Leigh syndrome (LS) is a mitochondrial disease that causes irreversible developmental regression in children.
Currently, no treatment options are available, and most children do not live to see their second birthday. LS is
biochemically characterized by defective mitochondrial bioenergetics due to a variety of possibly mutated
mitochondrial proteins, which can be encoded in both mitochondrial and nuclear DNA. Here, we will focus on
two LS proteins: leucine rich pentacotripeptide repeat motif containing protein (LRPPRC), and transactivator of
COXI (TACO1). Loss of LRPPRC decreases stability of all mRNAs, and also leads to loss of mRNA
polyadenylation and the appearance of aberrant mitochondrial translation. Loss of TACO1 specifically prevents
translation of COX1 mRNA. Despite this knowledge, the molecular mechanisms involved remain unknown.
RNAs fold into complex structures that are integral to the diverse mechanisms underlying RNA regulation
of gene expression. Recent development of RNA structure profiling through the application of structure-probing
chemicals combined with high-throughput sequencing (such as DMS-MaPseq) has opened a new field that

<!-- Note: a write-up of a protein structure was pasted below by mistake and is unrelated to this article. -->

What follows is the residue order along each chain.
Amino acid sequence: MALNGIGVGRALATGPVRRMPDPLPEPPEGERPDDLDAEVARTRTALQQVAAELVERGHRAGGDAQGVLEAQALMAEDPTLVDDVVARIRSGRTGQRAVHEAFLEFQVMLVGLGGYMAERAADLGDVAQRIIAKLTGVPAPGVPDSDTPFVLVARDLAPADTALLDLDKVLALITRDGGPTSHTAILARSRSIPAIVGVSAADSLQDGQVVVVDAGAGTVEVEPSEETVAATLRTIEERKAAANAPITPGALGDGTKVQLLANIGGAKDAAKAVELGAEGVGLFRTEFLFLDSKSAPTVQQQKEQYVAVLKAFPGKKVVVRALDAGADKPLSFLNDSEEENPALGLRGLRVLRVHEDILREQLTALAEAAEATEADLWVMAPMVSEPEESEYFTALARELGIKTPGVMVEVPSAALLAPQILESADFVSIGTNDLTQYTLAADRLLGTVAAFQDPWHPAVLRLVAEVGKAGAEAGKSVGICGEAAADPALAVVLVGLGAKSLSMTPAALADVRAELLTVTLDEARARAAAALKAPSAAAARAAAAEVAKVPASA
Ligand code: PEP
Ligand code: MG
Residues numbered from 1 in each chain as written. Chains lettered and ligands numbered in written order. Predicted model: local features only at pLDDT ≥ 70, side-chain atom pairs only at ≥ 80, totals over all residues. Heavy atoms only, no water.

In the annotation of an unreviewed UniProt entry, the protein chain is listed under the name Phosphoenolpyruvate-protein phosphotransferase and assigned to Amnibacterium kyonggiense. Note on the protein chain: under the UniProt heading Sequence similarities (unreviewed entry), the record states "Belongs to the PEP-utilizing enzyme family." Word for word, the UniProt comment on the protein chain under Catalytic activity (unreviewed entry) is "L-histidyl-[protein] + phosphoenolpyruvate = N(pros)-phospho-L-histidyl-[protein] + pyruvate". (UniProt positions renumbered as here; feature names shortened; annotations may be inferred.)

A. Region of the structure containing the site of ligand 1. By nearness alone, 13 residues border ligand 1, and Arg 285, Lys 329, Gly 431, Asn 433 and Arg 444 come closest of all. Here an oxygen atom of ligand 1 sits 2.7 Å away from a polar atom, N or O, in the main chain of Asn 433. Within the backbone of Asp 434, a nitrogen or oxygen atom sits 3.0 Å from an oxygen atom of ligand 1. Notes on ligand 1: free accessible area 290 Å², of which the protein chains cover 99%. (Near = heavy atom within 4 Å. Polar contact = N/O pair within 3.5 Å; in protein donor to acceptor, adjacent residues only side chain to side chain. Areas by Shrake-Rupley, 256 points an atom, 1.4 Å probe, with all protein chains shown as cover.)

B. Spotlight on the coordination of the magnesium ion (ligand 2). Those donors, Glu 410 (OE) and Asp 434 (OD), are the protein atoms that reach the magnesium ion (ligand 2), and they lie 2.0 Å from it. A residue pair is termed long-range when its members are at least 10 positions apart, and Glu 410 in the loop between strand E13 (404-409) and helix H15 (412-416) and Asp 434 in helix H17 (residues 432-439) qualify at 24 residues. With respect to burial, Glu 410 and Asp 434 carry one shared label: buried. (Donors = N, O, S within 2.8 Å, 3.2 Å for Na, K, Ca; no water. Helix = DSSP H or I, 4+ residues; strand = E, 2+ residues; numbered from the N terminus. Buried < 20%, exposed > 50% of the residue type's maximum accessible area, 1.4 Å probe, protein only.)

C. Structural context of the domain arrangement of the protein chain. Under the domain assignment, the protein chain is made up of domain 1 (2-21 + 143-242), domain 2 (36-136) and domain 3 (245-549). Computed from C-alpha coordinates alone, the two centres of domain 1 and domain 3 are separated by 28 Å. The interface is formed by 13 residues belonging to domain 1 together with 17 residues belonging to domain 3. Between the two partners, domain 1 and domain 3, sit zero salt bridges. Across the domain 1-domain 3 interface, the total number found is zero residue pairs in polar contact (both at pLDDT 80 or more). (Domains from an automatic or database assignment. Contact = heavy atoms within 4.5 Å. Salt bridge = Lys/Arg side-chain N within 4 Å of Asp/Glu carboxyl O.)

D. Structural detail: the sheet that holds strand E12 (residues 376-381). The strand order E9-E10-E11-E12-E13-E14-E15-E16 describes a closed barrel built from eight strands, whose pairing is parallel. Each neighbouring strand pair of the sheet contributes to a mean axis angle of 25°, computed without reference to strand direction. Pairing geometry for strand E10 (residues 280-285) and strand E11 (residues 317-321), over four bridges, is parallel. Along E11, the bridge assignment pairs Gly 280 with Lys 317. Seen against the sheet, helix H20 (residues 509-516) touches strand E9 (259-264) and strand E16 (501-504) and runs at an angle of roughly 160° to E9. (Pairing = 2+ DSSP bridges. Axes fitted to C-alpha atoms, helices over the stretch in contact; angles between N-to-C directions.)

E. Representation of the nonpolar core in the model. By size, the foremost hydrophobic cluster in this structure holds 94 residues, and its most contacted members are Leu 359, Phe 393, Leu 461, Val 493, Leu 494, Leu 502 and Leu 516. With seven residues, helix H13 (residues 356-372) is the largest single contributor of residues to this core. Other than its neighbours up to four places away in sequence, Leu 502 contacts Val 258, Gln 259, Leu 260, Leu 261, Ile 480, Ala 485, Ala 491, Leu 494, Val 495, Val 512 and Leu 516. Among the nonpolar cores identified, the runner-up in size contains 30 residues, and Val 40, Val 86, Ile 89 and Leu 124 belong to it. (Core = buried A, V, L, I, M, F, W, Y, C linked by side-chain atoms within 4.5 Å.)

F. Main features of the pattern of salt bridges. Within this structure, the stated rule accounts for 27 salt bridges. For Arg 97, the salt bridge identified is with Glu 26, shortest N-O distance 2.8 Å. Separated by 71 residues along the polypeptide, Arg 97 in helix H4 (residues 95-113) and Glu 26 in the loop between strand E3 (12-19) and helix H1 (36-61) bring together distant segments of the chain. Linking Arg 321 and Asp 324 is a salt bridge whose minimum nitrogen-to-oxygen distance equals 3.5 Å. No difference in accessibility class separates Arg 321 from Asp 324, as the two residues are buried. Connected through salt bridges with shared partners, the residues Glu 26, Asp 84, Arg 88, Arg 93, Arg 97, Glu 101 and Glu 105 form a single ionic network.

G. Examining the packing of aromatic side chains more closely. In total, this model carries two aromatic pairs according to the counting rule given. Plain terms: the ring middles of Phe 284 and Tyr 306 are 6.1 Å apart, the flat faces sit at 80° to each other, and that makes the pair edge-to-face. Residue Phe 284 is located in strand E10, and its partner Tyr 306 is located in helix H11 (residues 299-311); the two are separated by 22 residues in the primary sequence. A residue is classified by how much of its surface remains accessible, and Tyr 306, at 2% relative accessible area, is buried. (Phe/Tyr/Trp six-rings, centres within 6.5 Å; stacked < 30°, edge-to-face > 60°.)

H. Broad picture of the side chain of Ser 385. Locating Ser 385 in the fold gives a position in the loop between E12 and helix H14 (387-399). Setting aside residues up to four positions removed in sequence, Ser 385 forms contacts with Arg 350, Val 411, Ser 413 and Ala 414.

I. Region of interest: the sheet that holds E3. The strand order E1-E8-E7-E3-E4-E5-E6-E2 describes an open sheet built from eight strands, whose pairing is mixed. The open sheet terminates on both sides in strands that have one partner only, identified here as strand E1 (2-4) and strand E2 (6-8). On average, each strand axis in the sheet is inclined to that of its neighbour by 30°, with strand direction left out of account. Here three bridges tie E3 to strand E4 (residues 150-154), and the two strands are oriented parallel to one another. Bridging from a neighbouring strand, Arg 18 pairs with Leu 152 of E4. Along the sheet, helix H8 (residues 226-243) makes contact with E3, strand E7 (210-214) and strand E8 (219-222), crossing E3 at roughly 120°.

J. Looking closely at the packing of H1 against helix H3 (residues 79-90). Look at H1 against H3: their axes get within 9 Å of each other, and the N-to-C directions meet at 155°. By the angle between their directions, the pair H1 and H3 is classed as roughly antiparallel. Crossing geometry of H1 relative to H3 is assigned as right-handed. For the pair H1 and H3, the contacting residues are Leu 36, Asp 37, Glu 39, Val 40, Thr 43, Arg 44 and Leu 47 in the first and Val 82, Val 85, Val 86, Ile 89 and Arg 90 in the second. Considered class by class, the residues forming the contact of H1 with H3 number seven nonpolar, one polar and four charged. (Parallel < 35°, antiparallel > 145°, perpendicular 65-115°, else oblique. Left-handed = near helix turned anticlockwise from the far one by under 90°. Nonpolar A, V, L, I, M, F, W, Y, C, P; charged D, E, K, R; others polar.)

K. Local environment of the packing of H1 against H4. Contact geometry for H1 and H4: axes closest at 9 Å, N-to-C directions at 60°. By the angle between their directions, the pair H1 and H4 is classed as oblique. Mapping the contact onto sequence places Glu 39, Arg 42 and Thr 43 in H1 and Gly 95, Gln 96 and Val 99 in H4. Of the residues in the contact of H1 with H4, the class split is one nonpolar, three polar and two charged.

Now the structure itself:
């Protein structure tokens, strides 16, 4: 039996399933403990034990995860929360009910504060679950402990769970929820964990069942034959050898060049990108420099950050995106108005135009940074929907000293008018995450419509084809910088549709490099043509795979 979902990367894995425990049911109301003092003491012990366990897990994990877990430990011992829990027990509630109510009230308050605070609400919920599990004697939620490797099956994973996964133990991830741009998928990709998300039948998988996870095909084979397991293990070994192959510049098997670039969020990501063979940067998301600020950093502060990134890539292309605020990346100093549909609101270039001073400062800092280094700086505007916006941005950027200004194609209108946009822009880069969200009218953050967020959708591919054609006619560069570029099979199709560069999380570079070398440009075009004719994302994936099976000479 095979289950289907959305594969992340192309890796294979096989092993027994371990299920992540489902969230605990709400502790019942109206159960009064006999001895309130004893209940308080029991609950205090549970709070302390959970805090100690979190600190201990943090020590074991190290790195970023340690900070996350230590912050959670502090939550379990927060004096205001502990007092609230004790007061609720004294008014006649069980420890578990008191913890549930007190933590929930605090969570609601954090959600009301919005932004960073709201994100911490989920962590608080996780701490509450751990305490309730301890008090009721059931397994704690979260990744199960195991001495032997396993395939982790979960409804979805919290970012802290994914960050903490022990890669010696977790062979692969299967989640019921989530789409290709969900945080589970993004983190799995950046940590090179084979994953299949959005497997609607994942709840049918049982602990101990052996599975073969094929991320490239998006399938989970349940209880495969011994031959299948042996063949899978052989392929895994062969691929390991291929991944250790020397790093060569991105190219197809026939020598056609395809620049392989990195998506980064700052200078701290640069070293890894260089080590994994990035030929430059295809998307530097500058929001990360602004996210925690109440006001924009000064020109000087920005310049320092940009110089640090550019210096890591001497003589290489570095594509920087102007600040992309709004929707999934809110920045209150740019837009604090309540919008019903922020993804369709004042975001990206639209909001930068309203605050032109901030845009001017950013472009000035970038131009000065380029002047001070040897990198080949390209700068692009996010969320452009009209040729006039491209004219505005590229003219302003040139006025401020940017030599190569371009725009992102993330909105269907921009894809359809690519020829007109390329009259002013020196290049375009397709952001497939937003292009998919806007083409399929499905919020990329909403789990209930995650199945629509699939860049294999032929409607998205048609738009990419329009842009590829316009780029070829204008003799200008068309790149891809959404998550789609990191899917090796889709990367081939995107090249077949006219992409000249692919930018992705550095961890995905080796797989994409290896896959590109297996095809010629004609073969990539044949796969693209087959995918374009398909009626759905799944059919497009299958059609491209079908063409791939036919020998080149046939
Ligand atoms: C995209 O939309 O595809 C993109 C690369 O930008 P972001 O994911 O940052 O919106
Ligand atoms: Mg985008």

enormously expands the amount of RNA structural information available. With this technology available, here
we propose to test the hypothesis that mutations in either LRPPRC or TACO1 lead to a downstream defect
in the folding of mitochondrial mRNAs and subsequently to aberrant mtDNA gene expression. To test
this hypothesis, we will follow two Aims and will use human cell lines knockout (KO) for each gene, which we
are generating by using innovative CRISPR-Cas9 gene-editing approaches. In Aim 1, the KO lines will be
reconstituted with wild-type or disease mutant gene variants and characterized physiologically in terms of cellular
and mitochondrial bioenergetics, mitochondrial RNA processing and stability, as well as mitochondrial translation.
Preliminary data on already available LRPPRC-KO cell lines have informed mitochondrial phenotypes
compatible with those of LS patients. This will follow with establishment of in-cello mRNA binding sites of these
proteins in wild-type cells using PAR-CLIP approaches. Finally, we will utilize ribosome-profiling assays to
determine whether LRPPRC and TACO1 are binding their target mRNAs during translation. In Aim 2 we will use
DMS-MaPseq to probe the native structures of the entire mitochondrial transcriptome in the KO and reconstituted
cell lines. To ensure success in this undertaking, we will capitalize on our collaboration with Dr. Silvia Rouskin,
the pioneer of DMS-MaPseq. We expect to answer basic questions regarding how these proteins interact with
mRNA, affect their folding, and ultimately their stability, modification and translation. To fully understand the
basic pathogenic mechanisms underlying the several LS forms is critical to the NICHD mission and a
fundamental pre-requisite to develop therapeutics to target this kind of disorders. With this perspective, the
proposed project is tailored to my training towards becoming a skilled physician scientist.